President Donald Trump’s tweet sending condolences after Sen. John McCain’s death bookended a relationship that began with support but ended with contempt.
Trump tweeted that his “deepest sympathies and respect go out” to the Arizona Republican’s family.
My deepest sympathies and respect go out to the family of Senator John McCain. Our hearts and prayers are with you!
— Donald J. Trump (@realDonaldTrump) August 26, 2018
But just a few weeks before McCain’s death, Trump did not mention him when signing the defense authorization bill that bore the senator’s name.
When McCain announced Friday he would stop seeking treatment for the brain cancer diagnosis he received in July of last year, Trump was silent.
The silence followed by a muffled condolence is symbolic of the volatile relationship McCain and Trump had throughout Trump’s foray into politics.
Trump endorsed McCain during the latter’s run for president in a 2008 interview on CNN and seemed to cut McCain some slack at the time.
“He’s being blamed for the Bush economy, and I’m not sure that he should be blamed,” he told Wolf Blitzer at the time, with only a few weeks left in the general election. Trump was referring to the 2008 financial crisis in the final year of George W. Bush’s presidency.
An analysis by Roll Call found that before Trump assumed the presidency, McCain was the top recipient of Trump’s campaign contributions among sitting members of Congress.
But Trump’s tone toward McCain changed during the real estate mogul’s own presidential candidacy in 2015.
As one of the chief Republicans who supported a comprehensive immigration overhaul, McCain was an easy target for the man who began his race by saying Mexico was sending drug dealers, criminals and rapists.
That led Trump to infamously say that McCain was “a war hero because he was captured,” in reference to McCain being a prisoner of war while serving in Vietnam.
“I like people that weren’t captured,” Trump said in Iowa at the time.
The remarks were the type that would sink a normal candidate but seemed to buoy Trump’s bid.
He continued to lay into McCain, calling him a “dummy” for graduating last in his class in Annapolis. In fact, McCain graduated fifth from the bottom of his class.
Trump also changed his tune on McCain being blamed for Bush’s mistakes when he tweeted that McCain “let us down by losing to Barack Obama in his run for President.”
McCain would later endorse Trump’s candidacy, but when an “Access Hollywood” video tape of Trump making remarks about groping women surfaced, McCain un-endorsed the candidate.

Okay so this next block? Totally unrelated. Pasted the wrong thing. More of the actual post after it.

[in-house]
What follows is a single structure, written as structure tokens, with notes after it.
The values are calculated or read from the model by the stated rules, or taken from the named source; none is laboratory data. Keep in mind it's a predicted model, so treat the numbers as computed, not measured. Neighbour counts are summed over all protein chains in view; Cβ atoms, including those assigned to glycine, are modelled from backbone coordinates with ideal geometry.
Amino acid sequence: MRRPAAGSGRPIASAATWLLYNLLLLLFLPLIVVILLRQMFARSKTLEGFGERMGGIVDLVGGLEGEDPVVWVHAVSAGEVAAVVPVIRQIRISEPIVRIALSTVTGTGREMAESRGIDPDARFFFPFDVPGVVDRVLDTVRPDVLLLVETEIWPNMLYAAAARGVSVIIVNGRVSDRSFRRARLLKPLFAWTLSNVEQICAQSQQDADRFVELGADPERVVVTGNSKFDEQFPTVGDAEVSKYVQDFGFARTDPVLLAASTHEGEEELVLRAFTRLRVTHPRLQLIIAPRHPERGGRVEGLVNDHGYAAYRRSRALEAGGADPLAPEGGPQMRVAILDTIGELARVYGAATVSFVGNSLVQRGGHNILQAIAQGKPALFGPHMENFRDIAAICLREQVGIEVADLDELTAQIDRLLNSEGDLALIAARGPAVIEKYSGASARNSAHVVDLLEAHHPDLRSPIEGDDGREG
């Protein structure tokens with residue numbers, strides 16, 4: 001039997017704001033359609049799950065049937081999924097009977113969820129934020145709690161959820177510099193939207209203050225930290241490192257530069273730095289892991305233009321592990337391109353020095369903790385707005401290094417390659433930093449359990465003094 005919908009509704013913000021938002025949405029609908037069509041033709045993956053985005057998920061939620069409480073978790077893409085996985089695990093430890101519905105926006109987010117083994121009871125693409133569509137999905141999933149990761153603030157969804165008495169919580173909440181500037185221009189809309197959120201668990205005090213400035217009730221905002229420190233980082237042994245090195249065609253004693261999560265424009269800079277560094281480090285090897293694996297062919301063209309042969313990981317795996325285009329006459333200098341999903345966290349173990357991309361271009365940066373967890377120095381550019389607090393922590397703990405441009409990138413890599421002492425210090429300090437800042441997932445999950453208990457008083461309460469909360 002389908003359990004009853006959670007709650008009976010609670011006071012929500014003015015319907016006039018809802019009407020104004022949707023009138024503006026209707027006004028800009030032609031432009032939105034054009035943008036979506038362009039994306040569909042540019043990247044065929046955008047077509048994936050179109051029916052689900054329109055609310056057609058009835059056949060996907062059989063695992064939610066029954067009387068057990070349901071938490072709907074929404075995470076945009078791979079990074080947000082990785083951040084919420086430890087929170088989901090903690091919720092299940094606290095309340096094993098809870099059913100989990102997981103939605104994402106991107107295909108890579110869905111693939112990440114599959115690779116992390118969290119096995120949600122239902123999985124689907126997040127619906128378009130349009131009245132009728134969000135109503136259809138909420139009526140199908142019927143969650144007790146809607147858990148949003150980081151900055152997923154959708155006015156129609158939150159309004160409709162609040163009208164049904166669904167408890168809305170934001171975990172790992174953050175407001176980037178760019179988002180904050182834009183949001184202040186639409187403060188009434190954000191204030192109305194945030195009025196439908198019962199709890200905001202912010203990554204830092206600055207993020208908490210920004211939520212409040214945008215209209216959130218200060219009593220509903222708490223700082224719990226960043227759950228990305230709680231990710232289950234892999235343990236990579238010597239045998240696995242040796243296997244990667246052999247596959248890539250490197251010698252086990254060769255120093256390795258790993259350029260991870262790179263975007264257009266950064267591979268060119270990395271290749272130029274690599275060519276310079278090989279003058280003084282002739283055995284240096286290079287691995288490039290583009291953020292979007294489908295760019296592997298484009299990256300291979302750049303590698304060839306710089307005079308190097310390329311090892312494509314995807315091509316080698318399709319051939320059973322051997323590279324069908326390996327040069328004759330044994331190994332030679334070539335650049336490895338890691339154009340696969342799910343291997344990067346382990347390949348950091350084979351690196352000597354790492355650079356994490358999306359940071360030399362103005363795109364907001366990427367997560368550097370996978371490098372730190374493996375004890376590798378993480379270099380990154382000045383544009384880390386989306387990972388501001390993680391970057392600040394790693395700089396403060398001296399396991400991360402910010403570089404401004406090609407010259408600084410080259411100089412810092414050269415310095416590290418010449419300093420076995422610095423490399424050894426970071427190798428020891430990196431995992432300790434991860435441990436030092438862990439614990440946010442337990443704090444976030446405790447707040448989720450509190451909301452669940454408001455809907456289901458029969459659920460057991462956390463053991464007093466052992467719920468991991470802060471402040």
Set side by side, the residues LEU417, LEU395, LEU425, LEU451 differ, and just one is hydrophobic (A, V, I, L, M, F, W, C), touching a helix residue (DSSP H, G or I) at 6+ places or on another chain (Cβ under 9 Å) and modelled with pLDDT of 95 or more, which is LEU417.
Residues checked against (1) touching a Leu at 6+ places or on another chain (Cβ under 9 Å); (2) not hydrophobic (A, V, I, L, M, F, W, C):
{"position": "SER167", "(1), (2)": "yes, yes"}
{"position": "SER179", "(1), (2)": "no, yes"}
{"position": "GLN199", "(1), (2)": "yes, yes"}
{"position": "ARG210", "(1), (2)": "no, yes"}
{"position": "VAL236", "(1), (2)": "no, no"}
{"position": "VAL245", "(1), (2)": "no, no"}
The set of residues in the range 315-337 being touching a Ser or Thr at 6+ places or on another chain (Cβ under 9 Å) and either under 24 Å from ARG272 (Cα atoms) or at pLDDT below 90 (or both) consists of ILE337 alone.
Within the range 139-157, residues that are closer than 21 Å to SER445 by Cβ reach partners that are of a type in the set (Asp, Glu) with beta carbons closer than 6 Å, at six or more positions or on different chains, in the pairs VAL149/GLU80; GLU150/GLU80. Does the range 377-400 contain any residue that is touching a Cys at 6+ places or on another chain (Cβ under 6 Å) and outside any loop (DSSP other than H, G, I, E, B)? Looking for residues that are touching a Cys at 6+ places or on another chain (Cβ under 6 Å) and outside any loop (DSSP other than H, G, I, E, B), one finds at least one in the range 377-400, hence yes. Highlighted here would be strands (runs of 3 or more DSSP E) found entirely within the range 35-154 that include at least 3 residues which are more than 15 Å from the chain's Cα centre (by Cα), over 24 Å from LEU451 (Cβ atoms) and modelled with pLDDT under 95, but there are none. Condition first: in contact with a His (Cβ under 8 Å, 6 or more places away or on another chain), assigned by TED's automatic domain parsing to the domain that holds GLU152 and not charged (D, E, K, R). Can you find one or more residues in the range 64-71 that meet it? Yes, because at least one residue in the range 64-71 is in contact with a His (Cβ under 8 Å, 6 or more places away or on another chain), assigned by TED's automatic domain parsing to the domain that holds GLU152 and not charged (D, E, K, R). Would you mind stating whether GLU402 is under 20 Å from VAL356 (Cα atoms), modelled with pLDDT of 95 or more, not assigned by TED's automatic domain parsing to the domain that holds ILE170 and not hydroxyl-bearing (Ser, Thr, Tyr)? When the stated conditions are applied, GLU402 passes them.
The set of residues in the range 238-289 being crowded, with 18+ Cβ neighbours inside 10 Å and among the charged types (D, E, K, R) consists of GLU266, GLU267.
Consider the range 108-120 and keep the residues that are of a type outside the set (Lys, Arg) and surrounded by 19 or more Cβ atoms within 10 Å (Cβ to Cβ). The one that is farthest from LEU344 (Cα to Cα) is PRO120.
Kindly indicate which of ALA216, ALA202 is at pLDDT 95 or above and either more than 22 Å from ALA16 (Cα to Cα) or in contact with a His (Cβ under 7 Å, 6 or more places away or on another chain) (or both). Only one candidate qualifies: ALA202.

In response, Trump accused McCain of hypocrisy in the days after the tape leaked.
“The very foul mouthed Sen. John McCain begged for my support during his primary,” he tweeted at the time.
When Trump won, McCain largely voted in line with the newly elected president, praising his selection of Defense Secretary James Mattis.
But McCain occasionally bucked Trump, voting against his choice to lead the Office of Management and Budget, Mick Mulvaney, and the Office of U.S. Trade Representative, Robert Lighthizer.
McCain also drew on his experience as a POW in the infamous “Hanoi Hilton” when he announced his opposition to Trump’s nominee to lead the CIA because of her overseeing of torture during the Bush administration.
At the time, McCain was at home in Arizona receiving treatment for the brain cancer that he was diagnosed with in July 2017.
It was in the weeks after his diagnosis that McCain gave perhaps his most famous dissent against the Trump administration, when he voted against the repeal of the 2010 health care law.
The now famous thumbs-down vote and opposition to a subsequent attempt to repeal the law led to Trump frequently criticizing McCain on Twitter, saying Senate Minority Leader Charles E. Schumer “sold John McCain a bill of goods.”
Watch: John McCain Casts His Decisive Vote Against the GOP Health Care Bill
“He campaigned on Repeal & Replace,” Trump said in another tweet. “Let Arizona down!”
But McCain would vote in favor of the tax cut legislation that Trump signed last December.
McCain would largely remain inactive after the tax cut vote but would occasionally release statements vocally criticizing Trump’s remarks that were complimentary to Russian President Vladimir Putin.
When Trump appeared to believe Putin’s words versus those of the intelligence community when it came to Russian interference in the 2016 election, McCain excoriated the president.
“Today’s press conference in Helsinki was one of the most disgraceful performances by an American president in memory,” he said in a July statement. “The damage inflicted by President Trump’s naiveté, egotism, false equivalence, and sympathy for autocrats is difficult to calculate.”
Watch: A Life in the Public Eye: A Look Back at McCain’s Congressional Career